Not unlike the Vanni Venturi house the architect Robert Venturi designed for his mother in 1964, the long triangle shape of the home's façade is punctuated by a rhythmic procession of punchy windows. A seemingly simple yet ultimately complex distillation of exterior and interior shapes evokes a sense of fun.
Approached via a descending, pipe-railed ramp, entering the house is like getting on a ship. (A really refined, intellectual and amusing ship.) This entry bridge links the house and its recessed front door — which hovers beguilingly above ground — to the street.
Home is where the art is
Inside, the house provides what Pinnock calls "intelligent" spaces for living. "Unlike most traditional houses, the layout eliminates superfluous spaces like hallways," Pinnock says, explaining the efficiency of the 19-foot-wide, one-room-deep design. "The house feels big, but it's not. Each room also serves as circulation."
Wide banks of windows offer moving views of maples, oaks, greenery and the city street. Douglas Rixey remembers the house's wonderful exposures. "Almost every room has windows on both sides," he says. "Sitting in the two-story living room, from the circular window above, you can track the rising and setting of the sun."
Interior openings provide framed views of rooms, enfilade-style, beyond. Standing in the den on the home's north end, you can see clear through the sleek kitchen, apple-green dining room and tall white entry hall, into the warm beige living room with its gray, granite-fronted fireplace. "When we entertain," says Pinnock, "it feels like one big room with different pockets of experiences." Warm color on the walls enhances each room's volumes and depth.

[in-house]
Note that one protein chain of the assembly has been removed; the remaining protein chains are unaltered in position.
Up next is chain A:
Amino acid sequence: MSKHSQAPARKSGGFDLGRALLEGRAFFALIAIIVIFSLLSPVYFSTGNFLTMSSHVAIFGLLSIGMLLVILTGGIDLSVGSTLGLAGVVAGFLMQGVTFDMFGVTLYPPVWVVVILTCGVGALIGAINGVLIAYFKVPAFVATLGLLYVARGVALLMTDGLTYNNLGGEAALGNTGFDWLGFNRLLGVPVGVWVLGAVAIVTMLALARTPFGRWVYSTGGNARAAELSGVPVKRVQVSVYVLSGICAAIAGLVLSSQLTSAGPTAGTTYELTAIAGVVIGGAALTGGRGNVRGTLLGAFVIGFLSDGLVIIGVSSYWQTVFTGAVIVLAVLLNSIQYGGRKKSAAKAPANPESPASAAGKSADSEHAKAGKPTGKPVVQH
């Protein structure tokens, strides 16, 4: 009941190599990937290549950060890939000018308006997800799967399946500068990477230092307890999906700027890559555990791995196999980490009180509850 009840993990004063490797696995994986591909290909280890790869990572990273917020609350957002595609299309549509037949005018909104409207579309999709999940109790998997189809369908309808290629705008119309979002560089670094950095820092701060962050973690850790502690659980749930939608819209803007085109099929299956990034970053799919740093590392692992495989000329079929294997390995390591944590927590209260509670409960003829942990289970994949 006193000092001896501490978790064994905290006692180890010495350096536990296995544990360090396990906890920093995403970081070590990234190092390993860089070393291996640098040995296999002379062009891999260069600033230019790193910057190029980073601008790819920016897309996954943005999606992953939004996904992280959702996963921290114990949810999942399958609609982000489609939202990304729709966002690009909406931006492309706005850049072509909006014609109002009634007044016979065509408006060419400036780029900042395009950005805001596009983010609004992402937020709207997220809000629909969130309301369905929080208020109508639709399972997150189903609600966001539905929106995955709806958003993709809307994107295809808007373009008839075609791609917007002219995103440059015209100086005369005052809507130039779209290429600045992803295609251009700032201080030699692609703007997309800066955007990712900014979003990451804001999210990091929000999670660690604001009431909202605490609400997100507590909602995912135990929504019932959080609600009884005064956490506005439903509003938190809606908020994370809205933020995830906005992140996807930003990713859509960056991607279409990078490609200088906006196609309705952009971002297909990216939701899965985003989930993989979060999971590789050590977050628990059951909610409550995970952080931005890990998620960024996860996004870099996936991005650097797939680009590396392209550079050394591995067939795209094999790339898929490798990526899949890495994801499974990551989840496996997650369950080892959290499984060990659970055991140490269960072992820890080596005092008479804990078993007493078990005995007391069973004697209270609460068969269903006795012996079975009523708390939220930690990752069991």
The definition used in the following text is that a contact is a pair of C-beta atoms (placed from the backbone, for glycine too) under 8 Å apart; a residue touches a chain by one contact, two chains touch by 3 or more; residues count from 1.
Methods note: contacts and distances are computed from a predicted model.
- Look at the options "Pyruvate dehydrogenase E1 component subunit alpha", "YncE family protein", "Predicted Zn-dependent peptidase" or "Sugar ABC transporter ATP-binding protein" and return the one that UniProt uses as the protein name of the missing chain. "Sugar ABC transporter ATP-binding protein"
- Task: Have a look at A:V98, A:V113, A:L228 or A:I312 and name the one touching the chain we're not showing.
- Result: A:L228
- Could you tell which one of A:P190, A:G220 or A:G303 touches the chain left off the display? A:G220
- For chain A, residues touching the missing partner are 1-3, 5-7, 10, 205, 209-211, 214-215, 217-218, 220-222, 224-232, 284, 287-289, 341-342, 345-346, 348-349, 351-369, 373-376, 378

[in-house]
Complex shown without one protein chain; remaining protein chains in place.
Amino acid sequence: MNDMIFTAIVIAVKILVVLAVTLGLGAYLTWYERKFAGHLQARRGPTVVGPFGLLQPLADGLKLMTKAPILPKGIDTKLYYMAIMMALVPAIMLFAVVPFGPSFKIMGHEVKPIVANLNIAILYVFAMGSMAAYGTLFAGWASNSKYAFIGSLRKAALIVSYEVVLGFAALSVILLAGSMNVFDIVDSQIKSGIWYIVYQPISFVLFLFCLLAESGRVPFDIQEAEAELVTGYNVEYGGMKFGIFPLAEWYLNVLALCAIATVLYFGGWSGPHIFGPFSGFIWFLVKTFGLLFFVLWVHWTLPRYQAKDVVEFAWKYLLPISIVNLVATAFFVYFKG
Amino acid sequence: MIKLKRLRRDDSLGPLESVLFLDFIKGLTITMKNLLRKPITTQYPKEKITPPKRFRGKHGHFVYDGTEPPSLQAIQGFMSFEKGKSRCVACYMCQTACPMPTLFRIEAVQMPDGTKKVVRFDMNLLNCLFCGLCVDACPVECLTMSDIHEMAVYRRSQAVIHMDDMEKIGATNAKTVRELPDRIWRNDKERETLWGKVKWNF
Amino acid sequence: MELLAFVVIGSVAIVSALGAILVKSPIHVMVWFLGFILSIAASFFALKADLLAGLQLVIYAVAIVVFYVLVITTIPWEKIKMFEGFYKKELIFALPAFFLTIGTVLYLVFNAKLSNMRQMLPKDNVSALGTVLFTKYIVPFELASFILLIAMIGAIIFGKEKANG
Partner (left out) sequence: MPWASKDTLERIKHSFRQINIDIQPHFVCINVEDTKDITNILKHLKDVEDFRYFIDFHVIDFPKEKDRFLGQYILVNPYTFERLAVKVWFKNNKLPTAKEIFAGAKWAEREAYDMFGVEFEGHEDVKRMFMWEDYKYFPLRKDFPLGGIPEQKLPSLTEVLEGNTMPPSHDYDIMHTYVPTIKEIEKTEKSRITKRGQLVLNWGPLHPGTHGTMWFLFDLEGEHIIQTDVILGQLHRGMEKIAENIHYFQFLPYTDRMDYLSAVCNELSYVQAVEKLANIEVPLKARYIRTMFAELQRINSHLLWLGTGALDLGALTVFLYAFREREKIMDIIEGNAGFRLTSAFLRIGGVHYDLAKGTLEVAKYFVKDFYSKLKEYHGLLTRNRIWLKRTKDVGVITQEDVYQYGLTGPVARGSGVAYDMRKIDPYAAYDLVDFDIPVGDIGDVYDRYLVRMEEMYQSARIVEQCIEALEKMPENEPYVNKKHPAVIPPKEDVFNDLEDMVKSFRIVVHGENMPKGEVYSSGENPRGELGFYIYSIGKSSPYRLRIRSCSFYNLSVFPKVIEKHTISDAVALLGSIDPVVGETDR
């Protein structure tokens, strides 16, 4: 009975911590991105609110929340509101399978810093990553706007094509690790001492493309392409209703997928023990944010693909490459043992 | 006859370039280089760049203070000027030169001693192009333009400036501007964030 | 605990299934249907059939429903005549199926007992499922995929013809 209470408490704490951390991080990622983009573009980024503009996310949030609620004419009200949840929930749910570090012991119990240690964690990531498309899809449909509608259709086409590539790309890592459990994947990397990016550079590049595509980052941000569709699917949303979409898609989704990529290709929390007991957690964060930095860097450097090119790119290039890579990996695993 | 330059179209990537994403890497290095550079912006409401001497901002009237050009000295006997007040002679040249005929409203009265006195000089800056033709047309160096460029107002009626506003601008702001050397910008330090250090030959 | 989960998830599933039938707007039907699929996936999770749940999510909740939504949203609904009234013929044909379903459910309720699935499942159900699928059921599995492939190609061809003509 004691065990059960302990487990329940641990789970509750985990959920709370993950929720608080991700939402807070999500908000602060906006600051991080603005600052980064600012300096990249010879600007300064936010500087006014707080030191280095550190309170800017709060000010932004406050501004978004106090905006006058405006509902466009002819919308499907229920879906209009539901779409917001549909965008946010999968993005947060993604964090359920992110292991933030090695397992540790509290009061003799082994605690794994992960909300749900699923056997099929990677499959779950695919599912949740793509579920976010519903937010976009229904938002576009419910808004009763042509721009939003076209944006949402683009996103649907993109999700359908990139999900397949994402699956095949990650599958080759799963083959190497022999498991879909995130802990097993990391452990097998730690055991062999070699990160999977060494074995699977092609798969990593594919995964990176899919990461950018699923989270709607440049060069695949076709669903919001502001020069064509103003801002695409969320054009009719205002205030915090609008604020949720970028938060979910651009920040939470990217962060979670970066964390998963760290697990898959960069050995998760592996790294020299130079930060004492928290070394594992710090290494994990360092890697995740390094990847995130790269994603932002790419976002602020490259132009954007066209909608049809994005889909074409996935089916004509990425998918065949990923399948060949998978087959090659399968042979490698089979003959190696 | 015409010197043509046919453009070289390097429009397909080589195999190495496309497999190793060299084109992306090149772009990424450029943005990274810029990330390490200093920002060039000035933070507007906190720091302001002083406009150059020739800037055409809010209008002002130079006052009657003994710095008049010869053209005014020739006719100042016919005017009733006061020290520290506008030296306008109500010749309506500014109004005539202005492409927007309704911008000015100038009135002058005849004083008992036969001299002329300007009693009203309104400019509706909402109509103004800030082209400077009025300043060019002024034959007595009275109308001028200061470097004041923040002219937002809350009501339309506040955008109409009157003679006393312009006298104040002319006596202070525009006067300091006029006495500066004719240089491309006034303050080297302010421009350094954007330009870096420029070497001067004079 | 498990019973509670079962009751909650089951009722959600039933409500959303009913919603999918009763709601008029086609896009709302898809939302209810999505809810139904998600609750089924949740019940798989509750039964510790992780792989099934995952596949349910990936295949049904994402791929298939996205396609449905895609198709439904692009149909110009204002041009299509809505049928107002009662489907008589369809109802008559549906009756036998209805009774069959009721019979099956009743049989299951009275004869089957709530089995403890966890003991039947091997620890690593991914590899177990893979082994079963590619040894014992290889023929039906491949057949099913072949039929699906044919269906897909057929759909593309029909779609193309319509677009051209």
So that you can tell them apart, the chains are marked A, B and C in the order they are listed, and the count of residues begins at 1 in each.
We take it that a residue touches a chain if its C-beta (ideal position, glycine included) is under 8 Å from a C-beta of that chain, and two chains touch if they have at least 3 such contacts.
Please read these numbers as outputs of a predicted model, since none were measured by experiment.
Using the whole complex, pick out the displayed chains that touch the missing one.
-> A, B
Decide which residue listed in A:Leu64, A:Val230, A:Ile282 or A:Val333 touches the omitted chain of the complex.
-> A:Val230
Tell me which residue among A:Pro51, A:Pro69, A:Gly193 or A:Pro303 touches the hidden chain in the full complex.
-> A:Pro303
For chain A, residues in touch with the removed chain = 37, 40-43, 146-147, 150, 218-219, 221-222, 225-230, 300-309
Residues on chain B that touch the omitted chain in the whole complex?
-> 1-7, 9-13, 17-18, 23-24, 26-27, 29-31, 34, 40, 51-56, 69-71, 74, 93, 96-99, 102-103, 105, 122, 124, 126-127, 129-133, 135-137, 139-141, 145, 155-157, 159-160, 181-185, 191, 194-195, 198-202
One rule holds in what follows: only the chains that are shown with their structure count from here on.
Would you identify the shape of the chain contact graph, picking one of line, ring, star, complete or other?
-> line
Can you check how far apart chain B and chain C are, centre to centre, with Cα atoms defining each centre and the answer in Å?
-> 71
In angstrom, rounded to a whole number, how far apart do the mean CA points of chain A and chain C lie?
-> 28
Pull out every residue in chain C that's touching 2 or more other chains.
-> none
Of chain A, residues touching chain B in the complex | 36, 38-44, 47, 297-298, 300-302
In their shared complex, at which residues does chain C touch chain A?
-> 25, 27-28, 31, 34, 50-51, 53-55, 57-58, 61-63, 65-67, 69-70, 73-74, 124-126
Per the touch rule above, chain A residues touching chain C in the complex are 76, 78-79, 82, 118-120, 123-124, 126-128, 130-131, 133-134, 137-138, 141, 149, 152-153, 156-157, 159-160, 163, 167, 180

Being in these spaces just feels right. While there's always a view, there are also always carefully-selected contemporary furnishings (purchased almost entirely at La Différence and Design Within Reach) and a whole lot of eye-catching art.
"The house is very precise with its opening placements," Pinnock says. These placements provide spots for assertive works of art, many of which were created by colleagues and friends.
Most striking are pieces by artist Chris Chase, the husband of Pinnock's BAM partner Mary Lorino, who lives on Church Hill. Chase's oversized sculpture, The Seed, sits in the living room; The Drip flows forth from a wall overlooking the foyer; and Tub with Udders figures prominently, dropping from a niche in the den.
Four graphic black-and-white paintings by Ana Edwards indicate stairs to the master suite and Pinnock's home office above. Small, framed watercolors by Camden Whitehead recall trips to Venice and other locales, taken with the homeowner, the artist and his wife.
Two Gerrit Rietveld "Red and Blue" chairs sit in the dining room, signifying in a way the presence of the seminal Dutch architect.
Grounded in Richmond
Though a world traveler, Pinnock's proud of his work in the capital city, such as The Village, a warm, soaring cafeteria on Capital One's West Creek campus, and the garage for the Lucky Strike building on Tobacco Row.
He's now focusing on phase one of an addition to the Landmark Theater and signage packages for Wytheville Community College. Pinnock also enjoys the process of planning renovations to Chimborazo Park, where the community has actively participated in charettes.
An array of projects keeps Pinnock engaged and energized. He's also excited by the growing green economy and the new challenges and opportunities sustainable design brings.
Just down the street from his home he's working on plans for a 2,000-square-foot house, one he and his clients like to call the "two-story metal machine." With plans for nontraditional site-sensitive design, solar energy using photovoltaic cells, radiant flooring and more, this is another house Southern Living and admirers of forward-thinking design might include on their radar.